Jon Stretch Executive Vice President Landis+Gyr EMEA gives an interview to WSNBuzz
November 25, 2013
Jon Stretch Executive Vice President Landis+Gyr EMEA recently gave an interview to WSNBuzz a blog covering news on smart grid innovation, wireless standards and green technologies.
1. Landis+Gyr is offering with Gridstream® an end-to-end future-ready smart grid solution. What group of customers is Landis+Gyr targeting with Gridstream?
Jon Stretch: With Gridstream, Landis+Gyr is really targeting utility customers all across EMEA. Especially customers who do not want to depend on proprietary solutions and instead require a solution that is market-proven, interoperable and flexible enough to be used for different projects.
Therefore, Landis+Gyr has designed its Gridstream solution for a variety of needs and deployment strategies.
Many utilities are looking to purchase an end-to-end solution in order to have one strategic partner, who has clear ownership and responsibility for the performance of the system. In this case, the Gridstream end-to-end solution would be deployed including Meter Data Management functionality (MDM). The benefit here is that the solution is already pre-integrated, market-proven and flexible enough to be seamlessly integrated into an existing system environment.
Alternatively, those utilities looking for proven core functions that are needed to deploy, run and manage smart metering installations and a smart metering infrastructure would choose Gridstream with its IEC based standard interfaces; it would be their choice as it can integrate with MDM or other systems that are already in place, and still deliver a market proven and flexible core solution to handle the complexity of a smart metering infrastructure.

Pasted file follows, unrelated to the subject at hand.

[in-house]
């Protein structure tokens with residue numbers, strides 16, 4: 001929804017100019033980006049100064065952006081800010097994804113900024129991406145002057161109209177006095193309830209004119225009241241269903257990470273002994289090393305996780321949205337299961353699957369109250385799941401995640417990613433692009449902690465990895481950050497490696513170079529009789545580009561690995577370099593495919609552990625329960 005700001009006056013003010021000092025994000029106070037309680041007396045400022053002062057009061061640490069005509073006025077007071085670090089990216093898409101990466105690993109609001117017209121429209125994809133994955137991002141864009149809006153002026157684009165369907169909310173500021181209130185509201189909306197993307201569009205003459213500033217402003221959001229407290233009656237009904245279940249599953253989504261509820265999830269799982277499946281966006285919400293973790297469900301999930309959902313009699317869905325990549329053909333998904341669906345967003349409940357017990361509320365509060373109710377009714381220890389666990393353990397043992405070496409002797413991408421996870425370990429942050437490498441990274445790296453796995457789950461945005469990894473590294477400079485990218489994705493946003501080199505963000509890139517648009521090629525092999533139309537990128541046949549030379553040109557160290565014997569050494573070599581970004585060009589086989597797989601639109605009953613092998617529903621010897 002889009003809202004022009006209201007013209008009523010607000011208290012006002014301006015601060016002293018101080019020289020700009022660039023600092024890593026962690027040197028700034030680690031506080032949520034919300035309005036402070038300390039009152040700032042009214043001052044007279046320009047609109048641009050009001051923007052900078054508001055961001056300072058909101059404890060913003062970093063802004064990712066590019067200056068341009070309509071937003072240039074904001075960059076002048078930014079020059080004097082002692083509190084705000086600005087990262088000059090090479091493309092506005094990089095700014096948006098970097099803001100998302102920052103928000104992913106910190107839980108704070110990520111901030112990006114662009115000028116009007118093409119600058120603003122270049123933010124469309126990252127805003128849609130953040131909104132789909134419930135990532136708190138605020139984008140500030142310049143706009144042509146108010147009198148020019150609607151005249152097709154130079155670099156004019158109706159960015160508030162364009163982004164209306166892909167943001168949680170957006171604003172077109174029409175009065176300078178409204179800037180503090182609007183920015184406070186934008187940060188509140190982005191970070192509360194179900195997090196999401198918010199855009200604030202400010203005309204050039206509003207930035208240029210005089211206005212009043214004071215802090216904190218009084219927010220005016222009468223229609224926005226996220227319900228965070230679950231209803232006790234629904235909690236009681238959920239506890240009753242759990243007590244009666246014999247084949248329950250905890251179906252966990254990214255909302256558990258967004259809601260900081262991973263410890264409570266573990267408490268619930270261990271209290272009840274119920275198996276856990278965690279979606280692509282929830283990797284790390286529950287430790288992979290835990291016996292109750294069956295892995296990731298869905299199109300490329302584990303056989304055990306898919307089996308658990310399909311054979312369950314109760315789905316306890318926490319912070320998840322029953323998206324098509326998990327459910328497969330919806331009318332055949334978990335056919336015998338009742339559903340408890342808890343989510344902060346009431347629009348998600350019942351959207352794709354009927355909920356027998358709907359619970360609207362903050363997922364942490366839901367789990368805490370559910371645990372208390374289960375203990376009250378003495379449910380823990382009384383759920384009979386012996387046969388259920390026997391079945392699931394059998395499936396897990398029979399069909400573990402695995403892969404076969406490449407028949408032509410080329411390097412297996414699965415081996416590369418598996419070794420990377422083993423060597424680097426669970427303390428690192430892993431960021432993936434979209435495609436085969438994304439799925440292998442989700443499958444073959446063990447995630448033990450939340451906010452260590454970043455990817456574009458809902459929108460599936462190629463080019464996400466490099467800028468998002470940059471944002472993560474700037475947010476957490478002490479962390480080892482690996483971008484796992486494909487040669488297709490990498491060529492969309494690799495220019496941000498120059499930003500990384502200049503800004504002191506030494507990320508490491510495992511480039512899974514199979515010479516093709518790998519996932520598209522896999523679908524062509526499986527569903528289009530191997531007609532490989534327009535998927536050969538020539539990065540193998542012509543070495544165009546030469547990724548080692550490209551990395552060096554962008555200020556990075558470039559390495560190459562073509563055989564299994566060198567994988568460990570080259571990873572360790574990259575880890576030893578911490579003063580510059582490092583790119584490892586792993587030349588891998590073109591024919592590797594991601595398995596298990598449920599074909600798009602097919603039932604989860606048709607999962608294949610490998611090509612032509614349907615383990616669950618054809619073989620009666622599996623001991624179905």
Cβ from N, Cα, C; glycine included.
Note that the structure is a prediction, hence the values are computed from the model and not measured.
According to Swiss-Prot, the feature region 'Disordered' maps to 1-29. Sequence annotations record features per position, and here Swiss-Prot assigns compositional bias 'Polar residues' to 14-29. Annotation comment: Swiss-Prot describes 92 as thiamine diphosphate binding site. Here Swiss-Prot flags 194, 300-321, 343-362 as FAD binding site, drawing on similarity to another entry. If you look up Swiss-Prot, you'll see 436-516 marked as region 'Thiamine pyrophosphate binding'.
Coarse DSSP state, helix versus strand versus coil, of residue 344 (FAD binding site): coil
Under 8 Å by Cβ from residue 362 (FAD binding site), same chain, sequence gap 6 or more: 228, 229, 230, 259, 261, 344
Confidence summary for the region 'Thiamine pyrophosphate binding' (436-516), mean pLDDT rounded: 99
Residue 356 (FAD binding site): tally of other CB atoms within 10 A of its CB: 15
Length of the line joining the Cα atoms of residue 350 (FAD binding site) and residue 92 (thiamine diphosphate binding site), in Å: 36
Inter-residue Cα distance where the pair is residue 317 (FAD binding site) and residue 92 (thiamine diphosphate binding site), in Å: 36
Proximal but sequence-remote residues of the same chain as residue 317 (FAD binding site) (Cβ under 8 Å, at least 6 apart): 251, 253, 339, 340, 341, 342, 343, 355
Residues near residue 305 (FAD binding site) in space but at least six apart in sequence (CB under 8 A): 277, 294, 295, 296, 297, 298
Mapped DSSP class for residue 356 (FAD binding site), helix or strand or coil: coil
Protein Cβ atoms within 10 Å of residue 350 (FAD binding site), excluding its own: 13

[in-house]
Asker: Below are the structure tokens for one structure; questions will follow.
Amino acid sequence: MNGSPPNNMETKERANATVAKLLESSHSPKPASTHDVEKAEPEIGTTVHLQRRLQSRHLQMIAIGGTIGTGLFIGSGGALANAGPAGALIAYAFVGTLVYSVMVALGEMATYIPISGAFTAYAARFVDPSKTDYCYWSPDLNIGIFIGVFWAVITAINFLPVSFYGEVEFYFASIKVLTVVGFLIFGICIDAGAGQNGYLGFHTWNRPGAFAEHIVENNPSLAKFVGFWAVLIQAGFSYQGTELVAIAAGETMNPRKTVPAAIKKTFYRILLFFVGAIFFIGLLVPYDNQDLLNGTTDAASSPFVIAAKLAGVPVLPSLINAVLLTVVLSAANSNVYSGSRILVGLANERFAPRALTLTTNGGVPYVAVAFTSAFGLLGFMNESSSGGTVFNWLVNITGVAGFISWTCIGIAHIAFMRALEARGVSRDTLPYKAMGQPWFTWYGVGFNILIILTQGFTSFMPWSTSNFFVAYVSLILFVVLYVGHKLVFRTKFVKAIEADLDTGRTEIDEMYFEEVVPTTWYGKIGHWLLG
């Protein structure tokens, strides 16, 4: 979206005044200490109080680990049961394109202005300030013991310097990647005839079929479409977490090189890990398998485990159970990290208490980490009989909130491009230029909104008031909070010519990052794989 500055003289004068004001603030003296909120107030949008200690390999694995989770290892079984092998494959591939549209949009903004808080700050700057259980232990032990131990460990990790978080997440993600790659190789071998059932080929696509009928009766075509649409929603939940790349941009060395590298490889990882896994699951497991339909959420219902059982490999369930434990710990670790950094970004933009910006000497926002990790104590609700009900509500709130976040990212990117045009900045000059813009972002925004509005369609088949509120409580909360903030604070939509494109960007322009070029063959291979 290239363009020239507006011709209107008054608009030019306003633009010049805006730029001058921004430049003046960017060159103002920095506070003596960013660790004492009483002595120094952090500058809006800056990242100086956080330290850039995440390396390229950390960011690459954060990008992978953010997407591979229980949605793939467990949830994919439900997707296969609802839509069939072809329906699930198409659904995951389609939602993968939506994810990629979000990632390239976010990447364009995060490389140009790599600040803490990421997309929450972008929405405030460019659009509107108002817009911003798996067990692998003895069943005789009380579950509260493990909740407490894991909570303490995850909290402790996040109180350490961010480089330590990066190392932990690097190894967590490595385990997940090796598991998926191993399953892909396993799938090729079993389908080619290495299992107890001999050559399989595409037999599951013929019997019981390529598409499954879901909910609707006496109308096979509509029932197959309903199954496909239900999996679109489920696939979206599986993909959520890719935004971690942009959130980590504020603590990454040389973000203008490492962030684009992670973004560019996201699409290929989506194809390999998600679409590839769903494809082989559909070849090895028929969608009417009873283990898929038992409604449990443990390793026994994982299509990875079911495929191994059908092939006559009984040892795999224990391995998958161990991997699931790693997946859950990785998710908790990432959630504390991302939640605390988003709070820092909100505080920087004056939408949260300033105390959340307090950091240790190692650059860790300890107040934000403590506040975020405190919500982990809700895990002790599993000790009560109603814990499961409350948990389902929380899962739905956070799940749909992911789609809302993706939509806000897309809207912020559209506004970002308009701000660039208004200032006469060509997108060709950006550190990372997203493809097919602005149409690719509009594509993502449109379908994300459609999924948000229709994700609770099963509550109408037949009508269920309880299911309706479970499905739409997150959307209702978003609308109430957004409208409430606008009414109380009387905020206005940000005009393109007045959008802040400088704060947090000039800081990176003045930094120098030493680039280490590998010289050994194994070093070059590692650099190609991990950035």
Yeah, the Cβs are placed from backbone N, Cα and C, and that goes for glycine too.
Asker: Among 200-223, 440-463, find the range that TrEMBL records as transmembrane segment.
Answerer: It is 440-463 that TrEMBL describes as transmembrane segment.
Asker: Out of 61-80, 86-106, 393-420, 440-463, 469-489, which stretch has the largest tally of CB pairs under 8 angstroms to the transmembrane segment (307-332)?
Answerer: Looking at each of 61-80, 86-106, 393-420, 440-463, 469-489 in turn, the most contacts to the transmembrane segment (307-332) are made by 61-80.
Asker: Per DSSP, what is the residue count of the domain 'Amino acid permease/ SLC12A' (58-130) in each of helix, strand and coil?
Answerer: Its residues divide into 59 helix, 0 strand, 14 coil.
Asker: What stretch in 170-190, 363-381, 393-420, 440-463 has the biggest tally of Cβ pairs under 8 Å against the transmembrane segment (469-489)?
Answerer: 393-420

There are also customers willing to handle integration and communication management – and the associated risks – on their own. Those that want to do that are able to deploy Landis+Gyr smart meters and integrate them with their standard interfaces according to IEC/IDIS.
Obviously we also keep a close eye on emerging regulation and market requirements. Thusly, we are continually enhancing Gridstream with regular new releases and product launches. Our customers not only benefit from the broad usage of the Gridstream solution across EMEA but also have a future proof investment.
2. Is Landis+Gyr currently allowing 3rd party companies to tie in their solutions to the Gridstream platform?
Jon Stretch: Yes, Landis+Gyr fully supports interoperability and therefore allows third parties to tie their solutions to the Gridstream platform; our solution architecture has an IEC 61968 based standard integration framework, as well as Meter Data Unification and Synchronisation (MDUS) and Interoperable Device Interface Specifications (IDIS).
Ensuring interoperability is a priority for Landis+Gyr and for this reason, in 2009, we joined two other meter manufacturers to establish the IDIS association. The IDIS specifications are based on the well-established, international standards series EN/IEC 62056, and the association has also developed a corresponding testing environment. In order to ensure neutrality, the tests are conducted by DNV Kema, an internationally recognised testing institution for the electronics industry based in the Netherlands. The IDIS specifications and the IDIS testing environment are made available to all manufacturers and utilities, irrespective of whether they are members of the IDIS association or not.